“We had Jerusalem for breakfast.
We finally own this town.”
God keeps his promise to punish Israel17The LORD promised to do this.
So, he did what he promised,
He carried out the punishment
That he had warned about long ago.
He began the destruction,
By showing no mercy.
And he praised the strength of your enemies.
18Go ahead and cry, Wall of Jerusalem.
Cry a raging river day and night.
Don’t take a break.
Don’t give your eyes a rest.
19Wake up in the wee hours of morning
And pour out your heart
Like water at the feet of the LORD.
Lift your hands high on behalf of your kids,
Dying of starvation in the streets.
Lord, look what you did20LORD, please look at what you’ve done
And to whom you’ve done it.
Is it right for mothers to eat their children?
Should priests and prophets
Be slaughtered in God’s Temple?
21Young folks and seniors lie helpless in the streets,
Young men and women lie dead from the sword.
In your anger you killed them,
Butchering them without mercy.
22You invited my enemies to town
Like they were coming to a religious feast.
We were the feast.
The day you emptied your anger on us
No one escaped. No one survived.
All were hurt in one way or another.
Children I brought into this world—
Children I raised in my home,
Are the young people my enemy chose to slaughter.
God’s “footrest” was a term Bible writers used sometimes to talk about the earth, or the Jerusalem Temple, or Israel’s most sacred relic known as the Ark of the Covenant, located in the most sacred room in the Temple. Jews taught that God’s footrest was the lid on the Ark of the Covenant, a gold-covered chest that held the Ten Commandments (1 Chronicles 28:2). Two winged beings called cherubim rested at each end of the lid. The chest disappeared by the time the Jews returned from exile in the mid-500s BC. It may have been confiscated by invading Assyrians during Isaiah’s day or by Babylonians who destroyed Jerusalem and the Temple in 586 BC. See Isaiah 60:3.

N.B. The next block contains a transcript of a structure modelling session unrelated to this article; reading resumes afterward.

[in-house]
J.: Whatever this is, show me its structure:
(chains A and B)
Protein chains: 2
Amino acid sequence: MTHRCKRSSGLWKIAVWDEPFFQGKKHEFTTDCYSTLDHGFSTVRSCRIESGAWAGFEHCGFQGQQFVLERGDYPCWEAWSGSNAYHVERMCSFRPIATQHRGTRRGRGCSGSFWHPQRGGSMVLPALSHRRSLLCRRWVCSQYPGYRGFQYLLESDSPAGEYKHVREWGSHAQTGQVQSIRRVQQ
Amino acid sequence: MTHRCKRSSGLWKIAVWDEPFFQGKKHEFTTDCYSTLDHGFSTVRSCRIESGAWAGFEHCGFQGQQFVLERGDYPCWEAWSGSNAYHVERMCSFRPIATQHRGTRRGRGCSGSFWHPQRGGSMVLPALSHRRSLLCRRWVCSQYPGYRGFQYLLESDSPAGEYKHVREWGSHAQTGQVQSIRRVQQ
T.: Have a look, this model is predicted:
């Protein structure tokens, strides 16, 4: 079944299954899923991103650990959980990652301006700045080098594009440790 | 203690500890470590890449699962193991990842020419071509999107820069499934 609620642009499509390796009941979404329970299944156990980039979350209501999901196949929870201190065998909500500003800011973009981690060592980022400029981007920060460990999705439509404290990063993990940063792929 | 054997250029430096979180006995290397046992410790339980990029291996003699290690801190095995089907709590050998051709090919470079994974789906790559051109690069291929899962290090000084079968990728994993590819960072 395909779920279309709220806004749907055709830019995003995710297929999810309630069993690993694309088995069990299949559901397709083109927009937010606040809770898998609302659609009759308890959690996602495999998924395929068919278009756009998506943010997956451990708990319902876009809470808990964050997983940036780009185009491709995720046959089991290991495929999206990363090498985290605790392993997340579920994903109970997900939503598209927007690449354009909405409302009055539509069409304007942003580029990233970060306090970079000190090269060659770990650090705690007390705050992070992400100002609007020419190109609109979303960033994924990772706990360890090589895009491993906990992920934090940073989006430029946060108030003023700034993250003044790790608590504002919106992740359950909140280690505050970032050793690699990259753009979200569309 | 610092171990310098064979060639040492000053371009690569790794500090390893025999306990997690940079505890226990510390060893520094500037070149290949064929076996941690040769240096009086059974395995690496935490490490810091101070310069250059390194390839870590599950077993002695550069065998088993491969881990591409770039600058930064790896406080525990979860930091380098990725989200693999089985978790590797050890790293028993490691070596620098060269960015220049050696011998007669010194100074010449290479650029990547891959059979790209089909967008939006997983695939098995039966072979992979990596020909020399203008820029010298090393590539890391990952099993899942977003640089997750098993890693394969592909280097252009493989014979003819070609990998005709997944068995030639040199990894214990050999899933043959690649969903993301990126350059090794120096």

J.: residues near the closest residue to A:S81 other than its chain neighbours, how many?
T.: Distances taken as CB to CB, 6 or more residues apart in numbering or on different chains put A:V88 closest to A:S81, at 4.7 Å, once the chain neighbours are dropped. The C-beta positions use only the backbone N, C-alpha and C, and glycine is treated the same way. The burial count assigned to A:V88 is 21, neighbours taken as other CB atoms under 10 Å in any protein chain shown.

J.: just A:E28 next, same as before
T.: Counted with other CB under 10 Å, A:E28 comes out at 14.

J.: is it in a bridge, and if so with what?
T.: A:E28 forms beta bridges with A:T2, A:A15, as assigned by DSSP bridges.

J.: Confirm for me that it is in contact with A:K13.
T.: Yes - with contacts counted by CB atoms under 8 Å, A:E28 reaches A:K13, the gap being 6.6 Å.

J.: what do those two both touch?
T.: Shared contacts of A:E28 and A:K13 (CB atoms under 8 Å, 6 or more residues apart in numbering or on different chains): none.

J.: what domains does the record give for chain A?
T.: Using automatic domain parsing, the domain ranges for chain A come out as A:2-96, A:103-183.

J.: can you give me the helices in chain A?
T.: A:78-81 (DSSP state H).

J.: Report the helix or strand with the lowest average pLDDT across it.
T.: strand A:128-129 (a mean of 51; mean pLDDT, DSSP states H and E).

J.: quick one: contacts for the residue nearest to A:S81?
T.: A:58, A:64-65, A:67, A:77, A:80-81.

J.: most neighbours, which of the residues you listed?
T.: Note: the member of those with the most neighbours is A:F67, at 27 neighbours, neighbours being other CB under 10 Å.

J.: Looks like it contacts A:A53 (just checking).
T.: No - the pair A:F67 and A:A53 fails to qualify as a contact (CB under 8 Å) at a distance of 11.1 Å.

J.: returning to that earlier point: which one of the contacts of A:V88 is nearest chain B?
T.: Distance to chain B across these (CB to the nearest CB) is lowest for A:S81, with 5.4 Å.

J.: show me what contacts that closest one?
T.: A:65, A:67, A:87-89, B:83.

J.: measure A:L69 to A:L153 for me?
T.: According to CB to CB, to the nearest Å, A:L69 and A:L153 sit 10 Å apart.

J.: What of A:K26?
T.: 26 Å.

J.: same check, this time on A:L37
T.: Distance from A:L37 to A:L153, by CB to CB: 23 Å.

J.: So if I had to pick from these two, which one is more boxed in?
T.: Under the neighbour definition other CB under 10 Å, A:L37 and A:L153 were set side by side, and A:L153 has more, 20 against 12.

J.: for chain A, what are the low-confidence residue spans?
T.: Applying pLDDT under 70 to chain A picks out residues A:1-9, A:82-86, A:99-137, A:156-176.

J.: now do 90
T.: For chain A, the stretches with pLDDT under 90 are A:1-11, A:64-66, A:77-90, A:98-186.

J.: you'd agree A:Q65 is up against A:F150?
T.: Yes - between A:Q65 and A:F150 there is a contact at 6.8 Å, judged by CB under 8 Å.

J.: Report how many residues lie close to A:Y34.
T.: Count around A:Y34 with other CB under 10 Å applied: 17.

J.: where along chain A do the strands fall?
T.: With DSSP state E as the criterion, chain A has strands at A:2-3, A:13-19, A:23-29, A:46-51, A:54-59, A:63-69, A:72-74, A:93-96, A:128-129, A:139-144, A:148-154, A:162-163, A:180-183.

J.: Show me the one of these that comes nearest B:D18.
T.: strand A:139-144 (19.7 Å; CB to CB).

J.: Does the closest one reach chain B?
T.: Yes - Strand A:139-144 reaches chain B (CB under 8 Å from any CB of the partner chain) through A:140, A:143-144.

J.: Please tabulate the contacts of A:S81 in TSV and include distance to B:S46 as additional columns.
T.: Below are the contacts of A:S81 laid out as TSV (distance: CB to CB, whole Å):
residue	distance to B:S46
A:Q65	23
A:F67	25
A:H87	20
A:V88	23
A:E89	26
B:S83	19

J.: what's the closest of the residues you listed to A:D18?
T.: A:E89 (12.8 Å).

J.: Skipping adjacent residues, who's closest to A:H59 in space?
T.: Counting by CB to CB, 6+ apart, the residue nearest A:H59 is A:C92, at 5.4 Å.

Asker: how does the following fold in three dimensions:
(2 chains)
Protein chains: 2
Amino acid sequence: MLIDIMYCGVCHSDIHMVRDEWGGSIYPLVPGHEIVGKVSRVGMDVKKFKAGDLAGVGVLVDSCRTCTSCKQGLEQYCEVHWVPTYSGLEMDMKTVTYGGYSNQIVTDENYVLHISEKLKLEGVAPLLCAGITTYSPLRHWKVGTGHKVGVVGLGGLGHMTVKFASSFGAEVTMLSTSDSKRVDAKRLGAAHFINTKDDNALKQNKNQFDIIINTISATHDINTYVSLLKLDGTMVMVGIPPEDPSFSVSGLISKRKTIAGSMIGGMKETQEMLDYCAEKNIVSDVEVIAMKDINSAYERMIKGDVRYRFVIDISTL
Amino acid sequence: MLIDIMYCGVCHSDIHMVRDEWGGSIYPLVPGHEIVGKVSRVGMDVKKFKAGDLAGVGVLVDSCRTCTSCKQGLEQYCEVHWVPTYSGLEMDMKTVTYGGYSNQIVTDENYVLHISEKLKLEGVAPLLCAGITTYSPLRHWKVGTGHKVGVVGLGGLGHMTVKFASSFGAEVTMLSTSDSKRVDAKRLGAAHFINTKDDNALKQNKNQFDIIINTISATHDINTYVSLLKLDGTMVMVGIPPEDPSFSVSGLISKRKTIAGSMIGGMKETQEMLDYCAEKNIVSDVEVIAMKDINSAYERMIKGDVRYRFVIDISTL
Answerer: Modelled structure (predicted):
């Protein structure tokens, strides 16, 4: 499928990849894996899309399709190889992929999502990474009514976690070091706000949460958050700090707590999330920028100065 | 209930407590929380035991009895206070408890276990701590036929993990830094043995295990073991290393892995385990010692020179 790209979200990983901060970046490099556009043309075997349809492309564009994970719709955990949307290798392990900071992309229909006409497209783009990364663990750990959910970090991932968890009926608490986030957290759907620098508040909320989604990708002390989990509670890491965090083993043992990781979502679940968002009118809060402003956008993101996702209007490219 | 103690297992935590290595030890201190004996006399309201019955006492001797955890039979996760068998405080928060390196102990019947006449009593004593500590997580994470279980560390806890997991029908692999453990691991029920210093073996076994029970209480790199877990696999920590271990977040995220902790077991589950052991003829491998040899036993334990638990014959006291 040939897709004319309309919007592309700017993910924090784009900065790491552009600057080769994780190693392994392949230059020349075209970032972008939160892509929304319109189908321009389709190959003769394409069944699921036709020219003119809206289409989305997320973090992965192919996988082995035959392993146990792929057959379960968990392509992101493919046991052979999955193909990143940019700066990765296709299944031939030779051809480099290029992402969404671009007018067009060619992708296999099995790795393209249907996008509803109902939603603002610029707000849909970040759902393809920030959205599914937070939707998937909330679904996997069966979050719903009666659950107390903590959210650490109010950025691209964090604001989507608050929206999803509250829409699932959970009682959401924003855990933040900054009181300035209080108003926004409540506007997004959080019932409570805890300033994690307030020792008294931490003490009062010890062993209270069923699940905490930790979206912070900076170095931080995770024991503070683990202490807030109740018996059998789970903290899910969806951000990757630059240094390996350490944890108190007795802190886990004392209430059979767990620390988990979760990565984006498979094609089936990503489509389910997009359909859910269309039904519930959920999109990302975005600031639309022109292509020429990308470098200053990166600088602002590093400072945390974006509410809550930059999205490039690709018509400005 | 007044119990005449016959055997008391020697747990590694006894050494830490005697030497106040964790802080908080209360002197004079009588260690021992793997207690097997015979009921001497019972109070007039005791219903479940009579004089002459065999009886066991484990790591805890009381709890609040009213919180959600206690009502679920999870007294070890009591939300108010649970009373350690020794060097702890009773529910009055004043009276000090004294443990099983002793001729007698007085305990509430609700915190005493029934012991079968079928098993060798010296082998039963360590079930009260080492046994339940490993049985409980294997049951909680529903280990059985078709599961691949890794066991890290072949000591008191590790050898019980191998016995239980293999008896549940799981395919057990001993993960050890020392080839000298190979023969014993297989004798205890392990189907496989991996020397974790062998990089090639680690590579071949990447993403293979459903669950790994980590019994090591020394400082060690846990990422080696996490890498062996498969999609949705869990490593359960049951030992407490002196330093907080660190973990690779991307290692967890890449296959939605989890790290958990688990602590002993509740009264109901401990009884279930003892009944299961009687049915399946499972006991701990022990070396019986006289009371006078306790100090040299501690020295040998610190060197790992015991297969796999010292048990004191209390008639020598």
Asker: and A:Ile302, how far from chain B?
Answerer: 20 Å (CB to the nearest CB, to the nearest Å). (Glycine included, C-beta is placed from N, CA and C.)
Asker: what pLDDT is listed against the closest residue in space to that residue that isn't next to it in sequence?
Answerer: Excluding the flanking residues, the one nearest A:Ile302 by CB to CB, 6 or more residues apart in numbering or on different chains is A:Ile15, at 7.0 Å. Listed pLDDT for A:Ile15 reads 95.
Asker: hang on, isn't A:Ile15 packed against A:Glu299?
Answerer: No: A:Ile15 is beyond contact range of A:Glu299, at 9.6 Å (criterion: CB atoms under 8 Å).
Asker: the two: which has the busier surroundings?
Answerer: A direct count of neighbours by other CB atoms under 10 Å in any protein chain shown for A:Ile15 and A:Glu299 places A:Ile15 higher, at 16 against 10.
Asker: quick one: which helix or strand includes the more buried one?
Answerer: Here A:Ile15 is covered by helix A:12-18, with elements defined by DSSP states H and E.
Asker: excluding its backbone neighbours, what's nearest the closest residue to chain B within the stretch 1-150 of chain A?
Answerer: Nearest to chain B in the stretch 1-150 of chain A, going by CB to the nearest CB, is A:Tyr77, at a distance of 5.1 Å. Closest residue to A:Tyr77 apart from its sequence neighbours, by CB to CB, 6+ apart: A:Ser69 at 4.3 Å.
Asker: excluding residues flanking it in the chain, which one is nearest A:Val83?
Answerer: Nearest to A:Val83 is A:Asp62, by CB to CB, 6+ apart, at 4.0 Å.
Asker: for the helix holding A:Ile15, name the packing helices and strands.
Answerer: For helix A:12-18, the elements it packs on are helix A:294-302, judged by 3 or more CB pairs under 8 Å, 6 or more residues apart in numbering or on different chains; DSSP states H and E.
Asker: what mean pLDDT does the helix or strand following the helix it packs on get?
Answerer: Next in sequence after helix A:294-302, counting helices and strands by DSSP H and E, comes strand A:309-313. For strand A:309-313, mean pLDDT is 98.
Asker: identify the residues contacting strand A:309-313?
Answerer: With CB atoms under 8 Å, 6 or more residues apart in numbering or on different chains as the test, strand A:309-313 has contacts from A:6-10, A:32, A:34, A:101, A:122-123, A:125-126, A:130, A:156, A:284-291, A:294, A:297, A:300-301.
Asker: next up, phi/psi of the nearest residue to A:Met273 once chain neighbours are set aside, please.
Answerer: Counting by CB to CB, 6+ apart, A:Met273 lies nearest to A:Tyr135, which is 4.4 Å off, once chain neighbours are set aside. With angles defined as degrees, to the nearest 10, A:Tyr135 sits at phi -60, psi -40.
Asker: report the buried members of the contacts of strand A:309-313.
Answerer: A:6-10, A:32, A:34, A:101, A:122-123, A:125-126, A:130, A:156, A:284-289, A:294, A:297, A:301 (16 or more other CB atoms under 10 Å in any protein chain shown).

Zion is an endearing nickname for Jerusalem and the hill on which the city was built, Mount Zion.
Many people in ancient times expressed grief and mourning by cutting their beards and head hair, dressing in what many Bible translations call “sackcloth,” and throwing ashes on themselves. Today, we’ll dress in black, wear armbands, or get memorial tattoos. By the way, memorial tattoos aren’t kosher: “Don’t do anything to commemorate the dead if it involves cutting your body or permanently painting yourself with tattoos. I am the LORD” (Leviticus 19:28).
When Moses was still alive, the Hebrew ancestors of the Jewish people renewed and expanded the agreement God had made with Abraham, to give them the land that became Israel. God promised them prosperity and peace if they kept the law he gave them through Moses. But he warned them of the punishment they would suffer if they disobeyed. The punishment was progressive, starting off with comparatively light penalties. But at the end of it all, God vowed to kick them out of the land if they persisted in breaking the law (Deuteronomy 28). That’s what happened.
- Sorry, there are currently no questions for this chapter.